lumens 2950 initial, 2800 mean

Here's my question: In my quest for higher CRI (and possibly saving a couple of watts) would I be creating too great a difference in appearance from my showroom to my workroom, making mat colors appear too different in the back room, etc. ?

Any experienced advice would be appreciated.
:cool: Rick
The bulb manufacturer's use the term "Daylight," "full spectrum" and a number of different names on a number of different bulbs. The key is to look at the white point color temperature measured in degrees Kelvin. Lowes has some bulbs called Daylight that are 6200K and Home Depot around here have some that are 5000K. The Lowes bulbs run about 4 bucks and the HD ones run about 9 around here. All manner of things can affect the price. (kind of like framing) It shouldn't be too hard to find some reasonably priced ones.

I recently had an "energy audit by Mass. electric and they used a supplier that refered to the 5000K as 850s and the 6200K as 860s. They replaced about 100 bulbs for less than $200. (They also replaced all my balasts.

The 5000K or 850s are bulbs that the lighting people use in hair salons, etc. These are considered "color correct." Either of these will give you a "brighter" "bluer" light than the "yellow" cool white.

ALSO, I bought and installed UV filter sleeves on all my flourescents. These actually cost more than the bulbs.
I don't have a lot of experience in lighting. I'm somewhat familiar with wavelength and lux, etc.

I DO know that the old 'Grow-Lites', according to what I read years ago, and what I've been able to find with the search engine are basically the same as the 'Full Spectrum' tubes.

I suspect that one might be able to buy the flourescent tubes under the guise of 'Grow Lites' cheaper than bringing a lot of high-tech terms into the equation. (not that there's anything wrong with high-tech...)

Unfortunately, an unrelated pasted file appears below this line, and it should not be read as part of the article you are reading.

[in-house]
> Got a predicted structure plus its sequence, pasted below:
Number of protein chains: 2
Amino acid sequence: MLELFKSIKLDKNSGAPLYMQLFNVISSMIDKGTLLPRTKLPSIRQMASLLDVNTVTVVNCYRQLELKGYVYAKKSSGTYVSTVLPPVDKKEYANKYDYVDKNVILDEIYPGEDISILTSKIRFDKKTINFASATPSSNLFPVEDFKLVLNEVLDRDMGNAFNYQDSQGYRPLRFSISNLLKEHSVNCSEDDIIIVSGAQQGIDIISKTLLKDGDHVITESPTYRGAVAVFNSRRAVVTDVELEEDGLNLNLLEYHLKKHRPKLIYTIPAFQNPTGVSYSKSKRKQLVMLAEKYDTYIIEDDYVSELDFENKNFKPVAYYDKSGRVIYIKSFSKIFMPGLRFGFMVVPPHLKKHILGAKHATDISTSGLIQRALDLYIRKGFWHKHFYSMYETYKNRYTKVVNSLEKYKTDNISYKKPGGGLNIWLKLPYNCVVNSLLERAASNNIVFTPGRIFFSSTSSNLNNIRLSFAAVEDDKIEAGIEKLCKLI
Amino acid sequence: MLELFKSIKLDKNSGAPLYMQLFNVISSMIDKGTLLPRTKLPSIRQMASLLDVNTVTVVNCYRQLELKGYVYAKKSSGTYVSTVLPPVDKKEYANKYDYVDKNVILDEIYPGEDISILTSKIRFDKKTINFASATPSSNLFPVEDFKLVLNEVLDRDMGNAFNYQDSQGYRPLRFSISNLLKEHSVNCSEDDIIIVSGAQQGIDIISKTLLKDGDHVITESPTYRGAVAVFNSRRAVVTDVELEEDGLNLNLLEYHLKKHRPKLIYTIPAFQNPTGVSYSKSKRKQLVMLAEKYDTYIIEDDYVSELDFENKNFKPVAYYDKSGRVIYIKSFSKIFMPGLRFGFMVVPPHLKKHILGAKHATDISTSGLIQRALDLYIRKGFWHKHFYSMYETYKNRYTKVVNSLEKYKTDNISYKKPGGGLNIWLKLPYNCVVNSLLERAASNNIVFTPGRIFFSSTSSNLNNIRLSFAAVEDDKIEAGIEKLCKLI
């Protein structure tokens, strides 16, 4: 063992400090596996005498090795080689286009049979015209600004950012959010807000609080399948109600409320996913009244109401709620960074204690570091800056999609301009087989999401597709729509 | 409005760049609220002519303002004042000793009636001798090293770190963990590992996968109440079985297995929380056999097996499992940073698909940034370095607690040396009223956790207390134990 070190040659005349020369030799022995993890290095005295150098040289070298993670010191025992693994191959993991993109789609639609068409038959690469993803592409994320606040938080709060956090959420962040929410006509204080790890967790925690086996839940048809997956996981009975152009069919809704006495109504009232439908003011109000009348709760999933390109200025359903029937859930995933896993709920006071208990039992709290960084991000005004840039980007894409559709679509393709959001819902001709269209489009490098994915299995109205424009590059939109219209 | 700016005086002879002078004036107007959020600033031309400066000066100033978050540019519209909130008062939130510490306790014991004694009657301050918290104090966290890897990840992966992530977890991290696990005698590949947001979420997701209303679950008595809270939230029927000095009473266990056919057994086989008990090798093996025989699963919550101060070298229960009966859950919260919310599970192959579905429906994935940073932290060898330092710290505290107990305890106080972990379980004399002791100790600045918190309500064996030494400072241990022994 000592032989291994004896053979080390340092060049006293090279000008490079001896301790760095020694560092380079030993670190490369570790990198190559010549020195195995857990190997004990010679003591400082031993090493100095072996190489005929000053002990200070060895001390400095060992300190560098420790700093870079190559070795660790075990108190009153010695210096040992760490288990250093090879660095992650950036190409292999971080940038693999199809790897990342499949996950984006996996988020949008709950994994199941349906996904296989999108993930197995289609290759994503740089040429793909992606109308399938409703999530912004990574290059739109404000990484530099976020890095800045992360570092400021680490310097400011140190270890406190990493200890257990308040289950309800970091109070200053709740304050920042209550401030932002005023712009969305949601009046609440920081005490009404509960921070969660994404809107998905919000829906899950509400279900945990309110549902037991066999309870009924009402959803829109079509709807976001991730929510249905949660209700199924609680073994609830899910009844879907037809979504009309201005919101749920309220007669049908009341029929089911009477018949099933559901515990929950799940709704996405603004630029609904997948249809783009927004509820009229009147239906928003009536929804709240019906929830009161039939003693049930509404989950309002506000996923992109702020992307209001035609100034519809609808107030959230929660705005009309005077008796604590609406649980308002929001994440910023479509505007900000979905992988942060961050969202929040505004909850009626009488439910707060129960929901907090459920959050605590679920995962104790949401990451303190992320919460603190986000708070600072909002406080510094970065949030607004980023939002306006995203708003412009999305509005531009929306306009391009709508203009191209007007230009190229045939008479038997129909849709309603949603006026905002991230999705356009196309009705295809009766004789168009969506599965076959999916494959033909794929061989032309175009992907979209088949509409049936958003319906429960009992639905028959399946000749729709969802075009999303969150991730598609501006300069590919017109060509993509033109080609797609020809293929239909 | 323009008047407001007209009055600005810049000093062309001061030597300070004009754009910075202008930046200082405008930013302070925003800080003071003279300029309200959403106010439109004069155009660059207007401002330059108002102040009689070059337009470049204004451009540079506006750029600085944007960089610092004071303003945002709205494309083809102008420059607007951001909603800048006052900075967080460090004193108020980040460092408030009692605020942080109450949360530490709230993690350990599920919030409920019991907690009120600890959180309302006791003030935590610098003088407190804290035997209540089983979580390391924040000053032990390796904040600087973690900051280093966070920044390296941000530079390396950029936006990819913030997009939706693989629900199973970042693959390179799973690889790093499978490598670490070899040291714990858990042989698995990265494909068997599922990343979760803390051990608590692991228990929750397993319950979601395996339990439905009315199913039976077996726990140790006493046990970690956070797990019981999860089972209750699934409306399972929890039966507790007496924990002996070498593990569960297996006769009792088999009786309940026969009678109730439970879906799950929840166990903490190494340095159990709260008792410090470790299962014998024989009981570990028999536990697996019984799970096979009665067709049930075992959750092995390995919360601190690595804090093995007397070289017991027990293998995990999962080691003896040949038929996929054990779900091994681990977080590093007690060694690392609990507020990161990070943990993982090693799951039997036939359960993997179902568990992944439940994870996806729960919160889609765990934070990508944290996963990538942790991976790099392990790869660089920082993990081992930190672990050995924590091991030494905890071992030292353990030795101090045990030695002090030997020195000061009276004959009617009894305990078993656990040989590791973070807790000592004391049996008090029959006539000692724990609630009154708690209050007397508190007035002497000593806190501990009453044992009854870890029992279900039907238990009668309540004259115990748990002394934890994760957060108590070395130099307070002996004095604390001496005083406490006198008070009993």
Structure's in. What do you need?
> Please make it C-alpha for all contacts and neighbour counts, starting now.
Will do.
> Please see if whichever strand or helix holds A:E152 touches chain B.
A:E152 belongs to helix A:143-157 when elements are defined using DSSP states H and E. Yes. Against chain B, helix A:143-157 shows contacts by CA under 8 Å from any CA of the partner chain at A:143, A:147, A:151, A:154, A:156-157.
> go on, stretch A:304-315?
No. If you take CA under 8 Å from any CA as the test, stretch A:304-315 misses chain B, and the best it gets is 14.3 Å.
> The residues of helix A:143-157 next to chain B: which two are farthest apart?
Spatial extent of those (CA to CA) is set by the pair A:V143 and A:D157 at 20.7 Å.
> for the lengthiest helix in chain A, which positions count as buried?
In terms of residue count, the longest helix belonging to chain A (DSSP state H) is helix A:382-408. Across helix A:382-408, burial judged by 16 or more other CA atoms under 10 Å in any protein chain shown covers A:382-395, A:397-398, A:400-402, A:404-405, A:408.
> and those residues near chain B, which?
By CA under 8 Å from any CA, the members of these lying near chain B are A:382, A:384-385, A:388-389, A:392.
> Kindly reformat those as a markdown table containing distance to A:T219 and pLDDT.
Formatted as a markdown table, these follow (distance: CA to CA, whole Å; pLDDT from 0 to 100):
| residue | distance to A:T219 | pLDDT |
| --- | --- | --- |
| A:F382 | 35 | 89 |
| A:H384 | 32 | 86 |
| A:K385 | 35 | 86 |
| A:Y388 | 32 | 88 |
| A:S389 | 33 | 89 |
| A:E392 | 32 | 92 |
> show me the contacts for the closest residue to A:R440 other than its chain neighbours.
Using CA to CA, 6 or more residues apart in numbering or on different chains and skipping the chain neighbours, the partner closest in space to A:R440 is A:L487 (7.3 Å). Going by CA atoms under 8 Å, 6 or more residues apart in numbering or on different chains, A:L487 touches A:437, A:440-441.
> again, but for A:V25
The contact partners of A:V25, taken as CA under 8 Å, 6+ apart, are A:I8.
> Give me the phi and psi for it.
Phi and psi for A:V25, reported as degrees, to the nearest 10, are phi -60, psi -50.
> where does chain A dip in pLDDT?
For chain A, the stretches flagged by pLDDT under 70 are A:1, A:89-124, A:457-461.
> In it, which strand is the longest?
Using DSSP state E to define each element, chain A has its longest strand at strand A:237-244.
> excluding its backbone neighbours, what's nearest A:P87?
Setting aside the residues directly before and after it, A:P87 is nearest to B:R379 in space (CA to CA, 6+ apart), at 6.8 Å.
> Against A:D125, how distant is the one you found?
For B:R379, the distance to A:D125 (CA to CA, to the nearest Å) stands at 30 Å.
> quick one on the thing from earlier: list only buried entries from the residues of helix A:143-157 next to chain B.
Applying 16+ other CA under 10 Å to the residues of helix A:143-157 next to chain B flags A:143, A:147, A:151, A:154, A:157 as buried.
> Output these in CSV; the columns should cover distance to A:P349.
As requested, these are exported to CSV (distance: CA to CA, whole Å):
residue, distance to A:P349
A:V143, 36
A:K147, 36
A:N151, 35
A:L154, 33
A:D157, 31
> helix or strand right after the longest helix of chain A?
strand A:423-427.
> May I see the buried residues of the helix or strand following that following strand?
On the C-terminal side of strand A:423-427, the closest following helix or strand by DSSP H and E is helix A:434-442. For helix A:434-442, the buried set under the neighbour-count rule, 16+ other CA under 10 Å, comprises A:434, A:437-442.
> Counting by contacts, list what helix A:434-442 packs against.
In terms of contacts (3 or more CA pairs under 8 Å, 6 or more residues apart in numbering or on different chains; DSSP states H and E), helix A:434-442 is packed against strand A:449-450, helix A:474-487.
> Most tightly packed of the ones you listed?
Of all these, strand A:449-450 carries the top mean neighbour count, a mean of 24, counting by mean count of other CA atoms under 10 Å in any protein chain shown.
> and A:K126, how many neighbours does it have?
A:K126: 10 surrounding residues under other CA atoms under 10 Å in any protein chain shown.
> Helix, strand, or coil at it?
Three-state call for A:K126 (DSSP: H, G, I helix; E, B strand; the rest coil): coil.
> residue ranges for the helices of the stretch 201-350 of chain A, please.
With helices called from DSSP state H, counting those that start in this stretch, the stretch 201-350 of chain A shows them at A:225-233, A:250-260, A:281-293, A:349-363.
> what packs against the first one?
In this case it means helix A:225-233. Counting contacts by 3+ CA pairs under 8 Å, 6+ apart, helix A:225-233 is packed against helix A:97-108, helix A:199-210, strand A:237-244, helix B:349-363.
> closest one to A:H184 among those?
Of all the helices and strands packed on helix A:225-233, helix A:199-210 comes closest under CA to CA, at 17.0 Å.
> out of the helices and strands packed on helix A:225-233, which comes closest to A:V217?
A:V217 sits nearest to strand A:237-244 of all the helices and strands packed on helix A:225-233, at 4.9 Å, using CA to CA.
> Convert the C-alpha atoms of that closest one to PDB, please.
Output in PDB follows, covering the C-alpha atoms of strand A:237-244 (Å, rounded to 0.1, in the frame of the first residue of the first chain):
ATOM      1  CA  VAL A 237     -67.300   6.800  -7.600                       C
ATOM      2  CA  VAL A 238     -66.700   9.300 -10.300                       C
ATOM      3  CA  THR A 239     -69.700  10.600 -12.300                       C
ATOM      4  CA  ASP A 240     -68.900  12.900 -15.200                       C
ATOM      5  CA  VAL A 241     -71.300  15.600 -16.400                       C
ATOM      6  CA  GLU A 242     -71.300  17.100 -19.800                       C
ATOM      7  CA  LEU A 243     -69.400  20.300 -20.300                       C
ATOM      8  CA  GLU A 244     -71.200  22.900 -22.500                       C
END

If a 'lighting specialist' finds out you need a full spectrum 4' flourescent tube, the price is gonna go up. If you just go buy an old Grow Light, it might be cheaper.
As I said, I know very little. Just musing.
Rats! My 'Time For Edit' ran out...BUT:

Originally posted by Cliff Wilson:
I recently had an "energy audit by Mass. electric and they used a supplier that refered to the 5000K as 850s and the 6200K as 860s. They replaced about 100 bulbs for less than $200. (They also replaced all my balasts).
That's a heckuva deal any day of the week!!!
We recently had the electric company in, and I had them replace all the fixtures and bulbs in our shop - but also in the whole strip mall. (about 10 tenants of various shapes and sizes). They did track lights, new drop ceiling box lights, outdoor flood lights, exit signs, etc

The total bill(all units) was less than 1k and it took them a couple days. They financed that amount at 0% interest for 3 years. The electric consumption has gone down considerably. You can't beat the price for these programs, that's for sure.
Originally posted by Cliff Wilson:
I recently had an "energy audit by Mass. electric and they used a supplier that refered to the 5000K as 850s and the 6200K as 860s. They replaced about 100 bulbs for less than $200. (They also replaced all my balasts).

Just finished replacing all the lamps & a couple of ballast in our shop. We use 5000K (F40DX) that are mfg by Feit Electric and sold thru electrical supply houses. These fluorescent lamps are less than $4.00 each - and we change our lamps every two years.